During its Data Cloud Summit last week, Google Cloud said that Oracle is now officially on the list of “legacy” vendors targeted for PostgreSQL schema and data migration.
We can look at this one of two ways:
- meh, no big deal, it’s simply one more vendor on a growing list for which Google Cloud has developed wide-ranging solutions to ensure successful and secure database migrations; or
- Google Cloud is ready to slug it out with the heaviest of the heavyweights—Oracle—as businesses in every industry are moving to cloud-native databases to help power their new initiatives in the acceleration economy.
I’m betting that the second interpretation is the correct one and that fast-growing Google Cloud realizes that if it intends to move into the top ranks of the increasingly strategic database market, it has to be able to prove to customers that it can provide truly superior value and performance to those Oracle customers.
In the portion of its Data Cloud Summit describing the Database Migration Service, Google Cloud positioned its value proposition to Oracle customers with the broad proposition of “Migrate your Oracle workloads from on-premises or other clouds to Cloud SQL for PostgreSQL.” It then offered these more-specific promises:
- “Modernize your legacy workloads to open-source databases
- “Reduce your costs and dependence on proprietary databases: avoid expensive licenses and restrictive contracts
- “Serverless data movement and monitoring: move your data to Cloud SQL for PostgreSQL at scale and with low latency and minimal downtime
- “Schema conversion: migrate the schema and data of your Oracle database
The inclusion of Oracle as a targeted incumbent for the Database Migration Services is in some ways a coming-out party for Google Cloud’s wide-ranging ambitions for its overall database business and for its relatively new forays into the torrid data-cloud business.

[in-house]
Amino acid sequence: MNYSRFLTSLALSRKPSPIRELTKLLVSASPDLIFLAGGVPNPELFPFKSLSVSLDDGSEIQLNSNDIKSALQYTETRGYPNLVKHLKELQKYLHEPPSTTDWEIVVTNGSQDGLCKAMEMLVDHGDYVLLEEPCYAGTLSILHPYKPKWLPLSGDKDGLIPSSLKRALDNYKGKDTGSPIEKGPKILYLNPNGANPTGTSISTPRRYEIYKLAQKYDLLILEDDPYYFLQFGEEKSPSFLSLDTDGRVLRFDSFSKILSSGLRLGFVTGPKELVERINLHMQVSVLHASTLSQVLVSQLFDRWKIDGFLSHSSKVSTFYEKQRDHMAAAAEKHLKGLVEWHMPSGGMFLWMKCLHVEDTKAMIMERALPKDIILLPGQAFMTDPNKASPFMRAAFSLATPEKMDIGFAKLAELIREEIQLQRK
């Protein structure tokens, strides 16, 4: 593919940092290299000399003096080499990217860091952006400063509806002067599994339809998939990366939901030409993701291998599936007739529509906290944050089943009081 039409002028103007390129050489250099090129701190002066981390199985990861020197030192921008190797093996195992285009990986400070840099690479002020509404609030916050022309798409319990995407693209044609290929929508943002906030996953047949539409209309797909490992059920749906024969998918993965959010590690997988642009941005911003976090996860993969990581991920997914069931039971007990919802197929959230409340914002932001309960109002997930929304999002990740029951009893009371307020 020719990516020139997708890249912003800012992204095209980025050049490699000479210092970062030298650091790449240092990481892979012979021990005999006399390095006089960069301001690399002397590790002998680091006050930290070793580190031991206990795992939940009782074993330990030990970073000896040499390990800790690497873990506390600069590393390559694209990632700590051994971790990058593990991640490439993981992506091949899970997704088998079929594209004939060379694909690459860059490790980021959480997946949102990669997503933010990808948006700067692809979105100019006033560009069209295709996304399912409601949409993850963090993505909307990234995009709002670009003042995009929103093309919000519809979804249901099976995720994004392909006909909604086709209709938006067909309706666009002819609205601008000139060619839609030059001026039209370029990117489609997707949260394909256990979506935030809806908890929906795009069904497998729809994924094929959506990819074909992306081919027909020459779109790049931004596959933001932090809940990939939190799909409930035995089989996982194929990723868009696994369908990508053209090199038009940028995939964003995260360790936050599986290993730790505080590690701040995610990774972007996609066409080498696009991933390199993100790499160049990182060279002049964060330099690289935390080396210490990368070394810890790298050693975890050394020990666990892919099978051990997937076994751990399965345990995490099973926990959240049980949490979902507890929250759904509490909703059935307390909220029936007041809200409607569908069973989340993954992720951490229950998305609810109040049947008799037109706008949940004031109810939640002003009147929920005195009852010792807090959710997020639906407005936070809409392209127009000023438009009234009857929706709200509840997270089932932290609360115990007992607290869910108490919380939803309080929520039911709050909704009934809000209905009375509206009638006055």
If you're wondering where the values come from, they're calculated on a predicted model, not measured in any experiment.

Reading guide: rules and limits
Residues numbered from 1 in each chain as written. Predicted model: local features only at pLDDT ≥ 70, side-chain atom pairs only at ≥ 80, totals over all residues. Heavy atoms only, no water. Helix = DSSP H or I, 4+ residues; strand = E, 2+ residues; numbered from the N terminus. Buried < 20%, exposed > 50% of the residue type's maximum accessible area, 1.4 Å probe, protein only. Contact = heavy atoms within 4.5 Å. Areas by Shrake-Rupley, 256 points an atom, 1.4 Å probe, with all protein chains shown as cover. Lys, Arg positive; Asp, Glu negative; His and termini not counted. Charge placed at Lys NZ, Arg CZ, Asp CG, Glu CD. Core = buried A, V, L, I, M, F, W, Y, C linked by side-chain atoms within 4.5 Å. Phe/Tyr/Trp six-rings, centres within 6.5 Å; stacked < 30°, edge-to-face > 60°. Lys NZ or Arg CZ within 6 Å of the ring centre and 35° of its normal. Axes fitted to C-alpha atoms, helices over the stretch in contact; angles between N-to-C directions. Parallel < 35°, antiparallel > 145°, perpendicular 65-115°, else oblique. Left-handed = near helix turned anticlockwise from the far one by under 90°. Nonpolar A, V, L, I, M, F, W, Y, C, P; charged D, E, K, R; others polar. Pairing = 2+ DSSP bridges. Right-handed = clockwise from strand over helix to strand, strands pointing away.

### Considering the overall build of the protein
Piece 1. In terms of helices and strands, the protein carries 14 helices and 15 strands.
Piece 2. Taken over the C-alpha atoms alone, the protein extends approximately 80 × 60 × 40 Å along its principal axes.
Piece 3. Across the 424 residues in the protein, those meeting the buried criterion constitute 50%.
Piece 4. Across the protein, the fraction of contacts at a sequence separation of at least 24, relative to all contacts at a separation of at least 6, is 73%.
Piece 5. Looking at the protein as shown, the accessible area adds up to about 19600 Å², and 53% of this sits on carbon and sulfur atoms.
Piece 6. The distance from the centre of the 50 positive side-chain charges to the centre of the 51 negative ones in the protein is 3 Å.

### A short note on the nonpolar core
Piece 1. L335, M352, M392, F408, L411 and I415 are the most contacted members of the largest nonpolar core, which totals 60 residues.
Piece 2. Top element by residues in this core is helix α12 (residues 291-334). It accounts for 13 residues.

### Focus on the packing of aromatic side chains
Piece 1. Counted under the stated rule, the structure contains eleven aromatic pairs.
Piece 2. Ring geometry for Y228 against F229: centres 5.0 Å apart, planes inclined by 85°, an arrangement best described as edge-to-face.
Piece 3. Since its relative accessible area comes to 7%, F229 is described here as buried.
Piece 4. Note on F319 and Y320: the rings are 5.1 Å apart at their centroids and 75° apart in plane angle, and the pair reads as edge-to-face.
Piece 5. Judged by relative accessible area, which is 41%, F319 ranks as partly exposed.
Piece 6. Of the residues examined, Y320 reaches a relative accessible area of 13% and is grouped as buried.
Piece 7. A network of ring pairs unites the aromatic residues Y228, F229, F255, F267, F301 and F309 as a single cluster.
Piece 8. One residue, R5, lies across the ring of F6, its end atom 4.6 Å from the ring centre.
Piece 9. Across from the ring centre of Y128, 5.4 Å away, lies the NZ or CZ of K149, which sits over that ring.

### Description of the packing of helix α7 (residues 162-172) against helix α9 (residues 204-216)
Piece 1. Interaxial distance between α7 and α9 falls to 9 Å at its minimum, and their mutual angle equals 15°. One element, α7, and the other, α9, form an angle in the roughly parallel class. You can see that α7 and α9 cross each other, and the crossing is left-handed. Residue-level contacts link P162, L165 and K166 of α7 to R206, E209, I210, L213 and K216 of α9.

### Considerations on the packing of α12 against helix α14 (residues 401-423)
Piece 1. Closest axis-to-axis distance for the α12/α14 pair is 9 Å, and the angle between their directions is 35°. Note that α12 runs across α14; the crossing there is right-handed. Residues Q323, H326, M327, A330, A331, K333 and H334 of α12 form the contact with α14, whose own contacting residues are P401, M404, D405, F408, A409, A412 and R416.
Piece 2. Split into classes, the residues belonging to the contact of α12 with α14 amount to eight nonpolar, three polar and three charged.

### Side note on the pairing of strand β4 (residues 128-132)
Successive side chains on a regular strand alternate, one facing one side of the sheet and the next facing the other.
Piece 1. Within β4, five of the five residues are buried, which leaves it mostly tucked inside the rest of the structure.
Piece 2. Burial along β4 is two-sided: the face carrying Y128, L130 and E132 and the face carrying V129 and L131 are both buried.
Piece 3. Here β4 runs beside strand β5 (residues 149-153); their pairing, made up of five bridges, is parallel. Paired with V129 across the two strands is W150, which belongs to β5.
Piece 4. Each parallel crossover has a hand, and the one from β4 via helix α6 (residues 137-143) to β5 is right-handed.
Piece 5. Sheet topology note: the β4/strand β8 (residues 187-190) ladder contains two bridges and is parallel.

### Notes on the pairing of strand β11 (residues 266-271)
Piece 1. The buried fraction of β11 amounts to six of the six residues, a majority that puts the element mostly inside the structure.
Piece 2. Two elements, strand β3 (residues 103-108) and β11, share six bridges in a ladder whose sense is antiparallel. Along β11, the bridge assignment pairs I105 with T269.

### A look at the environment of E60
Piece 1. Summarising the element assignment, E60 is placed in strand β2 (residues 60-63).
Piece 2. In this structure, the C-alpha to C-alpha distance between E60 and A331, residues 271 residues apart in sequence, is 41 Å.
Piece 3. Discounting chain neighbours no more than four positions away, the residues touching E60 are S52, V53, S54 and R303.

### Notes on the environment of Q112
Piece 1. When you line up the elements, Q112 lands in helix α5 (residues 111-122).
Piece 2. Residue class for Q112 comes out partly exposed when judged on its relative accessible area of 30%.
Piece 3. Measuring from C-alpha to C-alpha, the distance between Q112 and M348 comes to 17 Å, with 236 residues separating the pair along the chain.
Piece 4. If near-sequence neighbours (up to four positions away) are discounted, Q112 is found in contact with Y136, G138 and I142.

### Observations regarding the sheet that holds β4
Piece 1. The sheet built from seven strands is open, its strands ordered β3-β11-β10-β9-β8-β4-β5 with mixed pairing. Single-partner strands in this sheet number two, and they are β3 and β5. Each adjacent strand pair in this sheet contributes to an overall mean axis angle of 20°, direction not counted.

While every database vendor—from the new wave of cloud-native startups to powerhouse incumbents like Oracle—is no doubt eager to help customers convert from some other vendor, the Google Cloud migration service is part of the company’s broader ambitions to be recast its perception among business customers as more than just a very dependable provider of cloud infrastructure.
That’s no doubt a great business—heck, Amazon’s AWS will top
$80 billion in overall cloud revenue this year—but the dominant topic across C-suites and even boards of directors is data: how to gather it, manage it, secure it, analyze it, drive revenue from it, optimize business models and operations with it, and ultimately dazzle customers because of it.
So, as I’ll discuss tomorrow in more detail, Google Cloud’s full-commitment move into every aspect of the database and data-management world—centered very cleverly on the theme of “limitless”—is fully aligned with the near-insatiable appetite among businesses for becoming truly data-driven enterprises.
And right now, a staggering percentage of the world’s data is kept in Oracle databases, with some of those getting pretty long in the tooth and very likely incapable of handling the demands of today’s real-time business environment.
So, Google Cloud, by officially putting Oracle dead-center on its prospecting bullseye for the Database Migration Service, is positioning itself very clearly as an aggressor in the fast-emerging Database Wars.
For customers, this is excellent news because Google Cloud’s ambitions will trigger a surge in the competitive energies of every database vendor—and you can put Oracle at the very top of that list—with the end result being more choices, more innovation, and more value for customers.
With stuff like this going on all around us, you just gotta love the Cloud Wars, right?
And if you do, you’ll no doubt love the oncoming Database Wars as well!
For more on my perspectives of this battle of databases, see my post: Cloud Wars Minute: Google Cloud Targets “Legacy” Oracle in Database War